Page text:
Now that the obstacles to the Boston Celtics – Cleveland Cavaliers NBA trade has been consummated, the next question for the latter is when isaiah thomas would be fit and ready to play. “IT” is dealing with a hip injury and there is no actual timetable for when he would return.

As most know, the Cavs got additional compensation for that with a 2020 second round pick. Also included in the deal were Jae Crowder, Ante Zizic and the Brooklyn Nets’ 2018 first-round pick. Aware they need to plug the hole at the point guard position, will the initial absence of Thomas matter to Cleveland?

Some pundits think otherwise.

Cavs still about LeBron James

Looking ahead, the most important thing for the Cavs right now is still LeBron James. For as long as the “King” is healthy, Cleveland should do just fine.

According to the Ringer, LeBon and head coach, Tyronn Lue was cold on the deal for Thomas. Though management intended to try and add components to compete with the Warriors, it seems neither was convinced the deal was enough to accomplish that.

Despite having one of the talented rosters last season, the Cavs succumbed to a well-oiled Golden State Warriors team. The task of dealing with the Dubs got harder with the entry of Kevin Durant.

However, the real key to the Warriors success is chemistry.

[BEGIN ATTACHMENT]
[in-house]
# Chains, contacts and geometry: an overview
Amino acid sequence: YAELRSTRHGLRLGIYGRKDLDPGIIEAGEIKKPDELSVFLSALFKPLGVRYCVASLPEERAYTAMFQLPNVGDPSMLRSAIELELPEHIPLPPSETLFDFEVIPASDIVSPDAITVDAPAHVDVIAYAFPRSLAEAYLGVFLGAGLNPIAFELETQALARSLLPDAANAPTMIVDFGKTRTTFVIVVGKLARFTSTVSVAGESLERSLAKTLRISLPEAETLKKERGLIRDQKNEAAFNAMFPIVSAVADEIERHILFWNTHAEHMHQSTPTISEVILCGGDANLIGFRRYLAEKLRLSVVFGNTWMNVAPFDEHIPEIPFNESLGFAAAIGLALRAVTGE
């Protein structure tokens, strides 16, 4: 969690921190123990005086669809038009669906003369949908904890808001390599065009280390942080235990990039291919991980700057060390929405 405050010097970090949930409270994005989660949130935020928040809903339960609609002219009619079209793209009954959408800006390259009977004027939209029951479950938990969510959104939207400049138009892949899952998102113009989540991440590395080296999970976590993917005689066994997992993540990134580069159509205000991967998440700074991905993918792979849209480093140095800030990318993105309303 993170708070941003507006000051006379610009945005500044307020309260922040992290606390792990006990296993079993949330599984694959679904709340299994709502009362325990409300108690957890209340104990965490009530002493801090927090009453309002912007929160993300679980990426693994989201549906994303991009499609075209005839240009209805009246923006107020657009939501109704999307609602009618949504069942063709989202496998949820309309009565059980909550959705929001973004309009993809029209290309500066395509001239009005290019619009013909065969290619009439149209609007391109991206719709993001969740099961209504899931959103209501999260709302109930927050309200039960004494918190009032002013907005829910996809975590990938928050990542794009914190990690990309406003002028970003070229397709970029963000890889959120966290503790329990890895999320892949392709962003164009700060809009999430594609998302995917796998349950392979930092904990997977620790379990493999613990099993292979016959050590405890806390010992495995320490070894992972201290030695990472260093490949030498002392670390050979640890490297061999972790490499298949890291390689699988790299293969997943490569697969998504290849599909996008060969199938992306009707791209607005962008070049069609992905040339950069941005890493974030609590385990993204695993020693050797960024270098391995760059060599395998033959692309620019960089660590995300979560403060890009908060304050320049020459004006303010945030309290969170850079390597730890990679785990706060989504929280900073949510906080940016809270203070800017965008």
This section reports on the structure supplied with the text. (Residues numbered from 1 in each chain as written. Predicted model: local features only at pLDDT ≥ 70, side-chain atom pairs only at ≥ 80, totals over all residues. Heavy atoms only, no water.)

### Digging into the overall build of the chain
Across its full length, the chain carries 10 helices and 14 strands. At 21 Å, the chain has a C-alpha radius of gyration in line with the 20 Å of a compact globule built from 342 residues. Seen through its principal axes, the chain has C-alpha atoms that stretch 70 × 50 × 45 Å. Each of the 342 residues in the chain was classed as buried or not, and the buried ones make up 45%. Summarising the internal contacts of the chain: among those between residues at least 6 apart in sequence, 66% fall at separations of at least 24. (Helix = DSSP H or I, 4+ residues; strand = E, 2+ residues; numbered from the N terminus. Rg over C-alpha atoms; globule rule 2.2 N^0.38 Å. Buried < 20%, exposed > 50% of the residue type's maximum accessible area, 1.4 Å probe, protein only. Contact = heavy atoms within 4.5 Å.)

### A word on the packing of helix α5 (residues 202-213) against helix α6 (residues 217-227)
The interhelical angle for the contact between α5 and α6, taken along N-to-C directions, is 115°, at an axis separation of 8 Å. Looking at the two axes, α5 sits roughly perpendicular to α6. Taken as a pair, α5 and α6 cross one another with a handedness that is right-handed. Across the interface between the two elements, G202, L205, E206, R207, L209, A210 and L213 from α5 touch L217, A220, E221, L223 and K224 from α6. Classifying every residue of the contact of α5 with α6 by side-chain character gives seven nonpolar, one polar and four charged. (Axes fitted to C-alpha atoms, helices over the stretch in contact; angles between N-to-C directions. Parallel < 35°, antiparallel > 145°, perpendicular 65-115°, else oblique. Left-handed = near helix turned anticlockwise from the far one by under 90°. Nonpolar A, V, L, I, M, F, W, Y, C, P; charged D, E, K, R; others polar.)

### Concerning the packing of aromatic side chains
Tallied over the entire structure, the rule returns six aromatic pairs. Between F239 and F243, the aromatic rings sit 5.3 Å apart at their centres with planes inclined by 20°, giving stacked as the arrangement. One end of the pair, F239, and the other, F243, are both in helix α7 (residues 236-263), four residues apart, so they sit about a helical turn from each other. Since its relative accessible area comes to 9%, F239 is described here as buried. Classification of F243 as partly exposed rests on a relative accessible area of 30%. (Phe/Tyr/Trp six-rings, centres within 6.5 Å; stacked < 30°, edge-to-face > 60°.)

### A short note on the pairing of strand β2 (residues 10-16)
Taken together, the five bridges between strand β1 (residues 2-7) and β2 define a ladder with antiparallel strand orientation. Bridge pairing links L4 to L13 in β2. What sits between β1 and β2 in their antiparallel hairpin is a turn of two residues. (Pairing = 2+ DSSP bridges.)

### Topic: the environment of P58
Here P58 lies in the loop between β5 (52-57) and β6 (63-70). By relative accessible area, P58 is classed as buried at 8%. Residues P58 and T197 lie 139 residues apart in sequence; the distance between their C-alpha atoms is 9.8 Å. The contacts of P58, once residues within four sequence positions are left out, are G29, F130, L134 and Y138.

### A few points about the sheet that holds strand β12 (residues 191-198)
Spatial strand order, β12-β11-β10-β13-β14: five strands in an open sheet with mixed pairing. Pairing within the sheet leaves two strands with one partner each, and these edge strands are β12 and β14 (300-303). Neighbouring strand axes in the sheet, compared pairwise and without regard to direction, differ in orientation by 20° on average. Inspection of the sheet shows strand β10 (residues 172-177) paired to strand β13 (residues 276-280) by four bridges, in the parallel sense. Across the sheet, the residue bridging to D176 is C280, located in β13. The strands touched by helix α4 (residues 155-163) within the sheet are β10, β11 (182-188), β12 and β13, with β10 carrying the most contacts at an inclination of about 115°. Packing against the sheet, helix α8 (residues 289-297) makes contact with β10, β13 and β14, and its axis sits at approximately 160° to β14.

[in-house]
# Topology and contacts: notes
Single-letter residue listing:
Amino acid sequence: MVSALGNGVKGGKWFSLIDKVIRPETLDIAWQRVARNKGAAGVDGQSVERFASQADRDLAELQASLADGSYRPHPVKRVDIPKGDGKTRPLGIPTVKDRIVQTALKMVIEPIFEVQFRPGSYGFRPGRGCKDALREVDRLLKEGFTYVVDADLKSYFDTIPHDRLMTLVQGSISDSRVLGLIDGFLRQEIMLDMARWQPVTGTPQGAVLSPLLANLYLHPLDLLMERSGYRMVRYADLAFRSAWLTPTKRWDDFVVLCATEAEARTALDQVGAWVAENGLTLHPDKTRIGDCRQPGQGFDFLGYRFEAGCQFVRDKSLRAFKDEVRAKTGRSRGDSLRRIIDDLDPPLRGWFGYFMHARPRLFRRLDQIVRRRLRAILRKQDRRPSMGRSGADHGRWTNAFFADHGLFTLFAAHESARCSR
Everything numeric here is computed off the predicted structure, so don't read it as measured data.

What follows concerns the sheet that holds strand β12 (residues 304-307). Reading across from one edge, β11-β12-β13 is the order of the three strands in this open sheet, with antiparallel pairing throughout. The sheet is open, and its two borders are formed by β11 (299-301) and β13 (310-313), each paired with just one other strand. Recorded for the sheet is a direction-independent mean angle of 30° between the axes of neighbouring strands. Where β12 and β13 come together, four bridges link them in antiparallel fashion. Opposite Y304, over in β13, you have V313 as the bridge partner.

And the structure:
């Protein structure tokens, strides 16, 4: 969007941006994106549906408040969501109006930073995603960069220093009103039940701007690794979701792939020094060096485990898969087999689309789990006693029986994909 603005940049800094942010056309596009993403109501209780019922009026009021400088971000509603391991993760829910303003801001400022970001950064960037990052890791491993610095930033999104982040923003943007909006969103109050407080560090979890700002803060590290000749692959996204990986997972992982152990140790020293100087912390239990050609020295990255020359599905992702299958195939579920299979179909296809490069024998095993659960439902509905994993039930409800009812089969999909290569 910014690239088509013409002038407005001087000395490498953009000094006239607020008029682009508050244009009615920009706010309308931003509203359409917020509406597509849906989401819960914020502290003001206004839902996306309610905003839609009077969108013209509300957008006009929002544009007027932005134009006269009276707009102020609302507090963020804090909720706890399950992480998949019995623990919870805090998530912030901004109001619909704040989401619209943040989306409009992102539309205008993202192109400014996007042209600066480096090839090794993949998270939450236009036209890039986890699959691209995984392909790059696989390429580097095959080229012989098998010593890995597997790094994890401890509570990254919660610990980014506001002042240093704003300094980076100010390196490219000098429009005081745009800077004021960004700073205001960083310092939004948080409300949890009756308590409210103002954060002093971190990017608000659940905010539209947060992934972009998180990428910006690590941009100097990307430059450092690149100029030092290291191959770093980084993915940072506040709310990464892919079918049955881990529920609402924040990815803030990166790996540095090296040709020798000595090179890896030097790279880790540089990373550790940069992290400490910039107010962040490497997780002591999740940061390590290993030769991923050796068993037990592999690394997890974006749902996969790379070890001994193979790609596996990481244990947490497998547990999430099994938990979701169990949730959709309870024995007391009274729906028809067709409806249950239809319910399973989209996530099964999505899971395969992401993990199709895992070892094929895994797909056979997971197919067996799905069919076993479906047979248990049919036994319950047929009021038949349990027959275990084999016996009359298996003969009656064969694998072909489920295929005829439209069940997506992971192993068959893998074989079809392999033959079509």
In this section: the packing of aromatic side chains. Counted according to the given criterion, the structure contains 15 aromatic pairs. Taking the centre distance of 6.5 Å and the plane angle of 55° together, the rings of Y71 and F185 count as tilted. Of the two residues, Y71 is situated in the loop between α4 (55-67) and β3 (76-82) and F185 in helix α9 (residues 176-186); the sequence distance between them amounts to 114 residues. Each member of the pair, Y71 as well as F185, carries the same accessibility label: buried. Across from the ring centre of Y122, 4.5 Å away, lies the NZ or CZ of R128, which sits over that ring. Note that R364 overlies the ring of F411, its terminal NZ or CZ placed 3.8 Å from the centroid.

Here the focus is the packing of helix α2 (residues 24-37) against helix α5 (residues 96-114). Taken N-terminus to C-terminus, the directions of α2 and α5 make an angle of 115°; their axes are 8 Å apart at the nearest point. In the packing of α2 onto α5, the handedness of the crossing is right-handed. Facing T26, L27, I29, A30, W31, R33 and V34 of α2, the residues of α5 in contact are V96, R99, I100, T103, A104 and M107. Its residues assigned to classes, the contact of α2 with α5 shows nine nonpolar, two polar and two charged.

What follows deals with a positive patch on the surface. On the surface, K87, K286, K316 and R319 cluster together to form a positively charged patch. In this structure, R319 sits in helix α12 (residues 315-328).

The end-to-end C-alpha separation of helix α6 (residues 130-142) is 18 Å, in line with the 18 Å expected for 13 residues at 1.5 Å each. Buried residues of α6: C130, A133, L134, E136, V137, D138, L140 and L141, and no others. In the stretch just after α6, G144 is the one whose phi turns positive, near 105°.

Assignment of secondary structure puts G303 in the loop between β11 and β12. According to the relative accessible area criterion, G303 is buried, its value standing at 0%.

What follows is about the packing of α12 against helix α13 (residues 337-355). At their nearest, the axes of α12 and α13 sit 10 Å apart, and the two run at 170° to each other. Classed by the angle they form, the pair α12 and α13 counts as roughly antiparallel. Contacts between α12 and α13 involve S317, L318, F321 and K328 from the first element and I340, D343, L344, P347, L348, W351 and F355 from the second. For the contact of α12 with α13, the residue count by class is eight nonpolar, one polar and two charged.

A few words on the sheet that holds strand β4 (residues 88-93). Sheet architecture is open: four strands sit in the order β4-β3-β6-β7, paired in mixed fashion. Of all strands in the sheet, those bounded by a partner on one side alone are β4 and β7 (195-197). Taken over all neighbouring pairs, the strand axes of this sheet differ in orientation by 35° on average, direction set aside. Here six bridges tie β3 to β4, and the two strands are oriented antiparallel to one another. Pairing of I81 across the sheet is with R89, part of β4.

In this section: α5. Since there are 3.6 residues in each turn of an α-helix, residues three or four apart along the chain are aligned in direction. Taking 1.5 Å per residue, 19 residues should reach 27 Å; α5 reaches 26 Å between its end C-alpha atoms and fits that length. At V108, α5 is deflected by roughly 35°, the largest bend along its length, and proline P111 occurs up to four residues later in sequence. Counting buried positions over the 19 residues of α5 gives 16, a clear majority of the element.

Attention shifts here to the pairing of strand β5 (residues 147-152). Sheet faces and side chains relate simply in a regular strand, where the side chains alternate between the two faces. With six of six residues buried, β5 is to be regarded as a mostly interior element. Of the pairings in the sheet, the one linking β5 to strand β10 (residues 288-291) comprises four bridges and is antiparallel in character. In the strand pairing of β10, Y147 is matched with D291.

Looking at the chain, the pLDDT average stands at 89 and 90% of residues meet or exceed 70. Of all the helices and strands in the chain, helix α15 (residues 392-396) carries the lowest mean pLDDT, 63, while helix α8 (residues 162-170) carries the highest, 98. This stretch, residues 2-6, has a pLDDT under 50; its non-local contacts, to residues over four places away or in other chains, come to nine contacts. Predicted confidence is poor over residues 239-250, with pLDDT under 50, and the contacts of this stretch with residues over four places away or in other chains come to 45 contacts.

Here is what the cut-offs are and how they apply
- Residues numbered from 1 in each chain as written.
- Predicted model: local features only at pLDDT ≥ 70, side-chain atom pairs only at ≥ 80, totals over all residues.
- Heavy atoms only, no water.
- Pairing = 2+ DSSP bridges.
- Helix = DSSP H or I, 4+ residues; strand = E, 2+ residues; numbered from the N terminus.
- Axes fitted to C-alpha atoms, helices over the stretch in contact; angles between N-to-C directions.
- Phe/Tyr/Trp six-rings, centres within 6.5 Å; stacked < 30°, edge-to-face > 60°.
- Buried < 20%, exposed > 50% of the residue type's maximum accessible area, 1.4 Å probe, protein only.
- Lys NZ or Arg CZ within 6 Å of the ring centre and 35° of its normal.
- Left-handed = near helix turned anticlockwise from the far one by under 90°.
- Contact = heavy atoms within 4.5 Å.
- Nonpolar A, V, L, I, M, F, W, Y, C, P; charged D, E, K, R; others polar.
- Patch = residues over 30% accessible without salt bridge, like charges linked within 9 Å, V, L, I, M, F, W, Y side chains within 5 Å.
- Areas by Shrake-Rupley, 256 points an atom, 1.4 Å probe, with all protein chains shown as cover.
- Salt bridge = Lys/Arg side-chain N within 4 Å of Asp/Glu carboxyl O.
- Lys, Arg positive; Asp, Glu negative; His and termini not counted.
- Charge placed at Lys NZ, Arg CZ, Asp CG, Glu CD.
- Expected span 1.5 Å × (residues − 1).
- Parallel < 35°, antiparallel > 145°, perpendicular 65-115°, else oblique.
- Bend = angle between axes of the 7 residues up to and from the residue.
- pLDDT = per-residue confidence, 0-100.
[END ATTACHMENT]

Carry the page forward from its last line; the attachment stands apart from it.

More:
They still have their big three (Stephen Curry, Klay Thompson and Draymond Green), all knowing their roles. Hence, the Cavs issues may have been more on blending and defined roles rather than getting in star players to the mix.

Things got tougher for the Cavs

With Kyrie Irving apparently upset playing second fiddle, the haul of new talent may not be enough to place the Cavs atop the Eastern Conference.

They are bound to reach the NBA playoffs because of James, but there is no telling on how far.

While most criticize the roster, pressure should be directed at Tyronn Lue. James thinks highly of him, so Lue will have to prove that he can lead the Cavs to success – regardless of who he has in the lineup.

The Warriors were virtually unknowns before Steve Kerr had them humming.

The champion coach did have his share of struggles last season, including how to fit Durant in the mix. He was able to do that in time, and most know how that led to the NBA title.

For the Cavs, Lue needs to do something similar. If he can prove that the team can be prominent less of its former star players, Cleveland should be fine. If he fails to do so, expect Cavaliers fans to pour on the heat and question his legitimacy as the right head coach for the squad.